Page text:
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Synesius' Egyptian Tale, 1.12


Mosaic depicting an angel. Museum of Ptolemais. Photo Marco Prins.
Mosaic depicting an angel. Museum of Ptolemais
Synesius of Cyrene (c.370-c.413) was a Neo-Platonic philosopher who became bishop of Ptolemais in the Cyrenaica. He left behind a small corpus of texts that offer much information about daily life in Late Antiquity, about the christianization of the Roman world, and the military crisis at the beginning of the fifth century.

Although The Egyptian Tale looks like a retelling of a part of the myth of Isis and Osiris, it is obvious that the two brothers Osiris and Typho represent good and bad government. The story, however, is not just a myth, because the man called Osiris can be identified as Aurelian, praetorian prefect of the Eastern Empire during the reign of Arcadius, and one of Synesius' benefactors. His counterpart in this ancient roman à clef, however, is less easy to identify. For some speculations, go here.

The text is offered here in the translation by A. Fitzgerald. The green four-digit numbers are page numbers of the Migne edition.

Pr. 1.1 1.2 1.3 1.4 1.5 1.6 1.7 1.8 1.9
1.10 1.11 1.12 1.13 1.14 1.15 1.16 1.17 1.18
2.1 2.2 2.3 2.4 2.5 2.6 2.7 2.8

[1.12] [1236] When he had finished speaking, he departed, following the same road as the gods, but Osiris remained, a marvel ill-suited to this earth, one who at once began striving to banish the forces hostile to the earth, without employing any violence at all. He actually sacrificed to Persiasion, to the Muses, and to the Graces, and made all willingly fall in with the law. The gods gave in abundance - out of respect for the king - all things, as many as the air bears, and as many as are the gifts of river and land, and all these pleasures he gave up to his people for their joy. He himself left all ease behind him, and preferred to undertake every toil, taking small part in sleep but the greatest in cares; in a word, he took no leisure that all might have leisure.

These acts of his accordingly filled all men, whether individuals, households, relations, cities, or entire districts, with benefits, spiritual and material. For he cultivated amongst them a zeal for virtue, making all knowledge and every institution to be so cultivated for this one end, and he offered rewards to those who were best able to govern men, and to make the governed like themselves. It needs must be that what is honored should increase, that what is neglected should come to nought. A love for all education grew up with him, the part which partakes of reflection as much as that which partakes of eloquence, and the result of this was that men who excelled in knowledge of this sort could no longer be seen mingled in the common herd, but were shining with honors from their sovereign, for they brought with them skill as the handmaiden of wisdom, inasmuch as intellect progresses once it is arrayed in letters.

And the better or the worse clothing of the same intellect makes it appear, as in a man’s dress, seemly or unseemly. Early education Osiris thought worthy of honor, for he regarded all education as a fountain-head of virtue, and indeed at this period of all others piety was in fashion among the Egyptians. Such are the good things of the soul, and the Egyptians under the reign of Osiris abounded in them, so that the country resembled a training school for virtue, [1237] a country in the which youth looked to one leader, doing the one thing which they saw, and saying the one thing that they heard.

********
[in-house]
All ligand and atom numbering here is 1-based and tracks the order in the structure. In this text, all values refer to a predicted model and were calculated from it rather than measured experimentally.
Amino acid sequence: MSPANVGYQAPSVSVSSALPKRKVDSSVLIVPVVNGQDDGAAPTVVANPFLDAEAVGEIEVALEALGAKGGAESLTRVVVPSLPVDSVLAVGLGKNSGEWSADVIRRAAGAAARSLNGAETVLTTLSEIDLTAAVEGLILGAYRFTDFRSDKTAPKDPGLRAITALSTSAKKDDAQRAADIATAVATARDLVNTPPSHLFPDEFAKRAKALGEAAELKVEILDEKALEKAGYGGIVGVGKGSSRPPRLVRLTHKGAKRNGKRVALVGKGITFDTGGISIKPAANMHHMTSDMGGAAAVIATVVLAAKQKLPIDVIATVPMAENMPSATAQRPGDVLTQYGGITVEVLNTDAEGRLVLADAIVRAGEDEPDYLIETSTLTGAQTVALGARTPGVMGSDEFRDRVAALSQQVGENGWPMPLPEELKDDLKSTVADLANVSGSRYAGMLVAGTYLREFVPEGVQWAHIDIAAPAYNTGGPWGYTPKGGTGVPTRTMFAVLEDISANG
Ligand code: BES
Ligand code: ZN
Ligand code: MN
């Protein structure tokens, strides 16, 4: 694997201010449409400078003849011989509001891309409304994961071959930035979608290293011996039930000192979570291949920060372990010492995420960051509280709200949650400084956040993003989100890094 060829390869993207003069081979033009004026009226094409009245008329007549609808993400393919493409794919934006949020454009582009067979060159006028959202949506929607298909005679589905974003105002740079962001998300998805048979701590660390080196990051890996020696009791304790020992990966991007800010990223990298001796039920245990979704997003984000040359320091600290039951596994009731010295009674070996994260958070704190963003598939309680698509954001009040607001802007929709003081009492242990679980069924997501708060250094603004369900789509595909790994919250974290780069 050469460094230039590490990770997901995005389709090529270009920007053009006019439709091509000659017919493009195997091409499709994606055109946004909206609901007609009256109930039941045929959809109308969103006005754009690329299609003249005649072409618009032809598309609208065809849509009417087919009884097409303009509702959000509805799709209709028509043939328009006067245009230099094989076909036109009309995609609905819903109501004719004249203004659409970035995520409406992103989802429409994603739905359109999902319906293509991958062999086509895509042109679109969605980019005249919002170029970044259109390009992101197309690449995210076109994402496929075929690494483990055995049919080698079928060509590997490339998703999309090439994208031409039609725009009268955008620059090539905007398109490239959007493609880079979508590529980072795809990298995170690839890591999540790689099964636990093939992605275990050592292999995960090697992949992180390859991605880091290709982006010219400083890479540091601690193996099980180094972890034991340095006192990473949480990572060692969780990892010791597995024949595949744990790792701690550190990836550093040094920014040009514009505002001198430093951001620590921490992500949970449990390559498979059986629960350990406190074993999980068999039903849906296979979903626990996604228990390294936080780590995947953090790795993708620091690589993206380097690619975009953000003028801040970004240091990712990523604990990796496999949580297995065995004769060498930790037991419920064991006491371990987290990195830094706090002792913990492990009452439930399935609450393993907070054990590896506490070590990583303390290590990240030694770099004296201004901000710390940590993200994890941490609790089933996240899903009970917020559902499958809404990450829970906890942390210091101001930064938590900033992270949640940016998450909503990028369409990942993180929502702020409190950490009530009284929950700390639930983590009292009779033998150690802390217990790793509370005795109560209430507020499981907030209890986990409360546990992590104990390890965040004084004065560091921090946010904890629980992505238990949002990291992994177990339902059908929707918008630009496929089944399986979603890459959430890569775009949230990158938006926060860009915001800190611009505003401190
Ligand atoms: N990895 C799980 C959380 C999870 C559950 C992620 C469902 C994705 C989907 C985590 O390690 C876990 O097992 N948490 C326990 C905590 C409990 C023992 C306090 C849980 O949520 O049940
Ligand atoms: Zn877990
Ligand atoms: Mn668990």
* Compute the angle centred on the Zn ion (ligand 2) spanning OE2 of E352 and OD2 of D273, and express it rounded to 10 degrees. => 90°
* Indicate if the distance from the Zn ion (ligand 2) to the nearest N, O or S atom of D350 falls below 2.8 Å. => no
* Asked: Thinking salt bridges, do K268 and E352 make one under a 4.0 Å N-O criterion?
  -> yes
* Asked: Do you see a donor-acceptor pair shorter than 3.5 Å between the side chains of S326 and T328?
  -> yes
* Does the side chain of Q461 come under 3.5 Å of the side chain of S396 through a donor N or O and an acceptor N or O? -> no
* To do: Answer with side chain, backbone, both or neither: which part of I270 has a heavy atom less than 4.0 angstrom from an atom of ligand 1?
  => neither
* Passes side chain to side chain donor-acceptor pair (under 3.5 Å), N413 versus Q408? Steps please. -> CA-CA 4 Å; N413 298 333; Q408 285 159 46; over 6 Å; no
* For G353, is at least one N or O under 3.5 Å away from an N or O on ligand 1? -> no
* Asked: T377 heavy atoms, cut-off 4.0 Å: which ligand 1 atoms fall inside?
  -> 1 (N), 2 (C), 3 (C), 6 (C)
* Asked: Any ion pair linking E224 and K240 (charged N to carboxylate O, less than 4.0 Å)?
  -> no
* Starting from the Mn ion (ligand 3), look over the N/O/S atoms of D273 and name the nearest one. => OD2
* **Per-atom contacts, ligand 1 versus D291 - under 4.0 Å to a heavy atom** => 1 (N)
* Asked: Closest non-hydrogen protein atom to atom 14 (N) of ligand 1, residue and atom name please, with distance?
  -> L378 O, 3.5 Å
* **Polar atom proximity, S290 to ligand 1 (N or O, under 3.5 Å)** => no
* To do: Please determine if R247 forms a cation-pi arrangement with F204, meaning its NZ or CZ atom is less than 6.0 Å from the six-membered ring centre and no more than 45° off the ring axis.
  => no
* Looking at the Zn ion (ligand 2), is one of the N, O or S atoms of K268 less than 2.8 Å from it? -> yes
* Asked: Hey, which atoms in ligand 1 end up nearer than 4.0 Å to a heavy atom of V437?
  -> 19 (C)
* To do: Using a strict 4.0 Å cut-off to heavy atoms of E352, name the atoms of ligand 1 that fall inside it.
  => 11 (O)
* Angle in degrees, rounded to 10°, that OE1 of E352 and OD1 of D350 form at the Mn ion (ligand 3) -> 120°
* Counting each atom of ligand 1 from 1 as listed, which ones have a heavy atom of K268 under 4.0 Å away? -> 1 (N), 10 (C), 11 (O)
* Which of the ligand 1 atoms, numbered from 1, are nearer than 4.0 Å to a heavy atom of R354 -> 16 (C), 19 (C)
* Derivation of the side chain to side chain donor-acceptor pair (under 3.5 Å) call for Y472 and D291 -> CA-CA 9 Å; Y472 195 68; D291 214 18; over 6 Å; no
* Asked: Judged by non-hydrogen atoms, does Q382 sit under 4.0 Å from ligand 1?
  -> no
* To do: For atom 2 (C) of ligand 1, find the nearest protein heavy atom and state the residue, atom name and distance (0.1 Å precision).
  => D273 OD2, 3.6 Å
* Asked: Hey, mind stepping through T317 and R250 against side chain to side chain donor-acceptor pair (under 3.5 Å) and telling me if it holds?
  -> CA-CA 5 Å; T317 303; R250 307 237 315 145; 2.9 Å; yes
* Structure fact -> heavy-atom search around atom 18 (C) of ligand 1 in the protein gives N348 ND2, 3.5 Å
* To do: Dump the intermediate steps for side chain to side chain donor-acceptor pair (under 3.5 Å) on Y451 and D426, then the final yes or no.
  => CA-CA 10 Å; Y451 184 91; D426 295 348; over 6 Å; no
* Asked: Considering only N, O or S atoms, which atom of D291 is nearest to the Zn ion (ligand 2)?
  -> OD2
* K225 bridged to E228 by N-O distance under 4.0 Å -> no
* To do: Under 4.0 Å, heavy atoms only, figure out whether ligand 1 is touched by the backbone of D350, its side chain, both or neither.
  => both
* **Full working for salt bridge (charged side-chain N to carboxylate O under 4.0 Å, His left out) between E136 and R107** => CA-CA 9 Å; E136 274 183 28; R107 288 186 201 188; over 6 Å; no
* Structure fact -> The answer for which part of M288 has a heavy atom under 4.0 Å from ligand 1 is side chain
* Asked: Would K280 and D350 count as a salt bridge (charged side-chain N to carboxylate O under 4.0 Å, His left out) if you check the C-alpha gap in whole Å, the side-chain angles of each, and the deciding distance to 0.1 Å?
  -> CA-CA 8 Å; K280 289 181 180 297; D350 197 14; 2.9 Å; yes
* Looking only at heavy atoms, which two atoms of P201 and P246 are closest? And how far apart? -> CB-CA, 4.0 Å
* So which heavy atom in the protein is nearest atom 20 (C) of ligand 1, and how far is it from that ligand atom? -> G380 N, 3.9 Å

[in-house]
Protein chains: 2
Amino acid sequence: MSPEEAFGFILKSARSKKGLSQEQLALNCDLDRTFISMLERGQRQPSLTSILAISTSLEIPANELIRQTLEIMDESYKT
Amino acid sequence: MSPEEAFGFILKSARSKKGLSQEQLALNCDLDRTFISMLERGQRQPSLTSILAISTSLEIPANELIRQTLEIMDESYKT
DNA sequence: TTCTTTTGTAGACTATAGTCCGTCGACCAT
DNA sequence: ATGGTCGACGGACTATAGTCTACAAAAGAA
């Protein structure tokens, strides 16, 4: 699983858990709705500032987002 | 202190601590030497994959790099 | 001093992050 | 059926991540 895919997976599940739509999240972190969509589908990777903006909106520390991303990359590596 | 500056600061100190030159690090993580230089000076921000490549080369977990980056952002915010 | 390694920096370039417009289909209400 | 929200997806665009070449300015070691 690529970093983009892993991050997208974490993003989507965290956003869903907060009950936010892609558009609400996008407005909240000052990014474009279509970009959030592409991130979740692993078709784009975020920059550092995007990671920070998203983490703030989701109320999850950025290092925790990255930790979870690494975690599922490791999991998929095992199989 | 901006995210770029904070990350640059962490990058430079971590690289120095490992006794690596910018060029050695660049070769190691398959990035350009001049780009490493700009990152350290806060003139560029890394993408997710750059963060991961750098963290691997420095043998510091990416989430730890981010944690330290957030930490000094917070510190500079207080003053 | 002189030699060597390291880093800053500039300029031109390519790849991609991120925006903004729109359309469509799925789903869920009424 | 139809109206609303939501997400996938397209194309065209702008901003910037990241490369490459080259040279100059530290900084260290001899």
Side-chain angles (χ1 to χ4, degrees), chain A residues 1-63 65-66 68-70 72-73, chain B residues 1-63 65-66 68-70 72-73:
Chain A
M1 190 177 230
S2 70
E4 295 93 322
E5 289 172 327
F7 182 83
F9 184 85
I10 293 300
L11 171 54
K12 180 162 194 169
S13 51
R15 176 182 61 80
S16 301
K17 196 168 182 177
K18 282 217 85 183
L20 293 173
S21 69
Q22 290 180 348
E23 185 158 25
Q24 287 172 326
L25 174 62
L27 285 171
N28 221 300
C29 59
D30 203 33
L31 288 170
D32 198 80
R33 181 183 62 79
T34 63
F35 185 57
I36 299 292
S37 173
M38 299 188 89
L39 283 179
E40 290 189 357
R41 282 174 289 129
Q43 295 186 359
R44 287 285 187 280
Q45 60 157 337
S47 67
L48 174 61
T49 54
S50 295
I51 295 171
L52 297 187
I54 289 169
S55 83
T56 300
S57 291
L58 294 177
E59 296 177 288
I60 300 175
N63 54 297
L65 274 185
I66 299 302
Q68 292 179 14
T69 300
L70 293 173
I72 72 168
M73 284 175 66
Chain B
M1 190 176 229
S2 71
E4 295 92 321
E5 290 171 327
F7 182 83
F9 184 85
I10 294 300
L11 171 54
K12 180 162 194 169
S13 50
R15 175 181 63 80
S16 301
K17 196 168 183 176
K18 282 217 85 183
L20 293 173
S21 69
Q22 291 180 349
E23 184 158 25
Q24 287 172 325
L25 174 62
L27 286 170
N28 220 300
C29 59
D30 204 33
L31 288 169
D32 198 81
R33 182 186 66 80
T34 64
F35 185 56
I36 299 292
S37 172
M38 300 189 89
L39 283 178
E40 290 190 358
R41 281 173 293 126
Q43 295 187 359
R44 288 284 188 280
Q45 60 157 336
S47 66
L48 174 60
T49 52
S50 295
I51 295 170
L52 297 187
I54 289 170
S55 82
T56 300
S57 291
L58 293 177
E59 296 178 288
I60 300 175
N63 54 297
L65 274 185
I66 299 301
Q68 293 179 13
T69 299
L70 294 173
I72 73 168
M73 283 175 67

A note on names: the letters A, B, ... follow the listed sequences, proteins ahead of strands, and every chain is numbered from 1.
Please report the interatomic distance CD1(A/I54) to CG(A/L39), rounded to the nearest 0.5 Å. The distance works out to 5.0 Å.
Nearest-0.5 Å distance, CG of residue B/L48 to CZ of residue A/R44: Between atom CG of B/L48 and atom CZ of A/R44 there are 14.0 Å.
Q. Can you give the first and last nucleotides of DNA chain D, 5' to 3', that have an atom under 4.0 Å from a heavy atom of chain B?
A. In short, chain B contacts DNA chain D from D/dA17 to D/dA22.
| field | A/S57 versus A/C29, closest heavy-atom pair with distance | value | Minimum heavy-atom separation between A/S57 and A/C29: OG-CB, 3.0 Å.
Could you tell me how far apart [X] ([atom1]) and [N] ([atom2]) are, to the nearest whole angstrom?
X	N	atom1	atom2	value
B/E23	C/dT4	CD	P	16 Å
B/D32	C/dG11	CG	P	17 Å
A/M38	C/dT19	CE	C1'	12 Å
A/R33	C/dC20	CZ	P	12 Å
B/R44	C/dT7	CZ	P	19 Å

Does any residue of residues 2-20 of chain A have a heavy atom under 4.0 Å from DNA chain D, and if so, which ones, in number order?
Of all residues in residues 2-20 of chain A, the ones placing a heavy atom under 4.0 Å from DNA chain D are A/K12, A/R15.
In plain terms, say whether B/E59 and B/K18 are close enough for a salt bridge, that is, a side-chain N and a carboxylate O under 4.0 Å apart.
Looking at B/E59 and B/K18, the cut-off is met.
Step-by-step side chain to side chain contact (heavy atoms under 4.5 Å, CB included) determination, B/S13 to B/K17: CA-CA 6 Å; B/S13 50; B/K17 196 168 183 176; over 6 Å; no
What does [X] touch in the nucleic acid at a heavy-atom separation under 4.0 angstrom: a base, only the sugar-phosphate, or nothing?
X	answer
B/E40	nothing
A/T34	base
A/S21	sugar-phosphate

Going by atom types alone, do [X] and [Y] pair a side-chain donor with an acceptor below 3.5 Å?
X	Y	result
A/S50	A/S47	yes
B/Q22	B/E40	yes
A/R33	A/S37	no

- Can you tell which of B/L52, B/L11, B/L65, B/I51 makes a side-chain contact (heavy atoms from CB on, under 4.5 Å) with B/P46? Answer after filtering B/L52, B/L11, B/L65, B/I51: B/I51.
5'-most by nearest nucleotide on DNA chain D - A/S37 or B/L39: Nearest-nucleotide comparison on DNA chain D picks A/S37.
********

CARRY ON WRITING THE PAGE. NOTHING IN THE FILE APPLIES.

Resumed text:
He himself was indifferent to wealth, but took every care that there should be enough for all, receiving no gifts himself, but delighting in bestowing them. He furthermore remitted taxes to cities, he gave to those who were in distress; he raised the fallen, and healed that which was likely to fall; one city he enlarged, another he trained to be beautiful; where another was lacking, he added it, another that had been abandoned, he helped to people. Of necessity must each man individually profit by benefits which are common to all, but it was no labor for him to condescend even to anxiety for some one individual, and so it came about that no man was seen to weep under his reign; nor was Osiris ignorant of what each man wanted, and what obstacle there was to the happiness of such and such person. One coveted merited honor, and he gave it to him, and when another, through persistence in the study of books, had no time to gain his livelihood, he accorded to him his meals at the town hall. Another was indifferent to honor from men, and although his possessions gave him quite enough to live on, he was perhaps too shy to take up public function. Osiris was not unaware of this, but exempted him from public functions, not annoyed by him, but rather causing him annoyance by offering something he had been asked, and he demanded out of respect for wisdom that such a man be independent and freed from worldly business, as a sacred animal dedicated to God.

In a word, no one failed of his deserts except such an one as merited misfortune, and to that man he gave not his expected reward. For he made it a point of honor to conquer the most shameless man by the gentleness of his mind and by kindly deeds. In this way, he thought to overcome his brother and his band of conspirators, changing their nature by the abundance  of his virtue. But in this one thing he was wanting in judgment, for malignity not assuaged by virtue is rather inflamed by it. [1240] If to cling to the good is natural, to the extent that good increases, the grief occasioned by it increases also, and this is precisely what the deeply groaning brother suffered over the reign of Osiris.

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Online 2007
Revision: 23 June 2007
Livius.Org Anatolia Carthage Egypt Germ. Inf. Greece Judaea Mesopotamia Persia Rome Other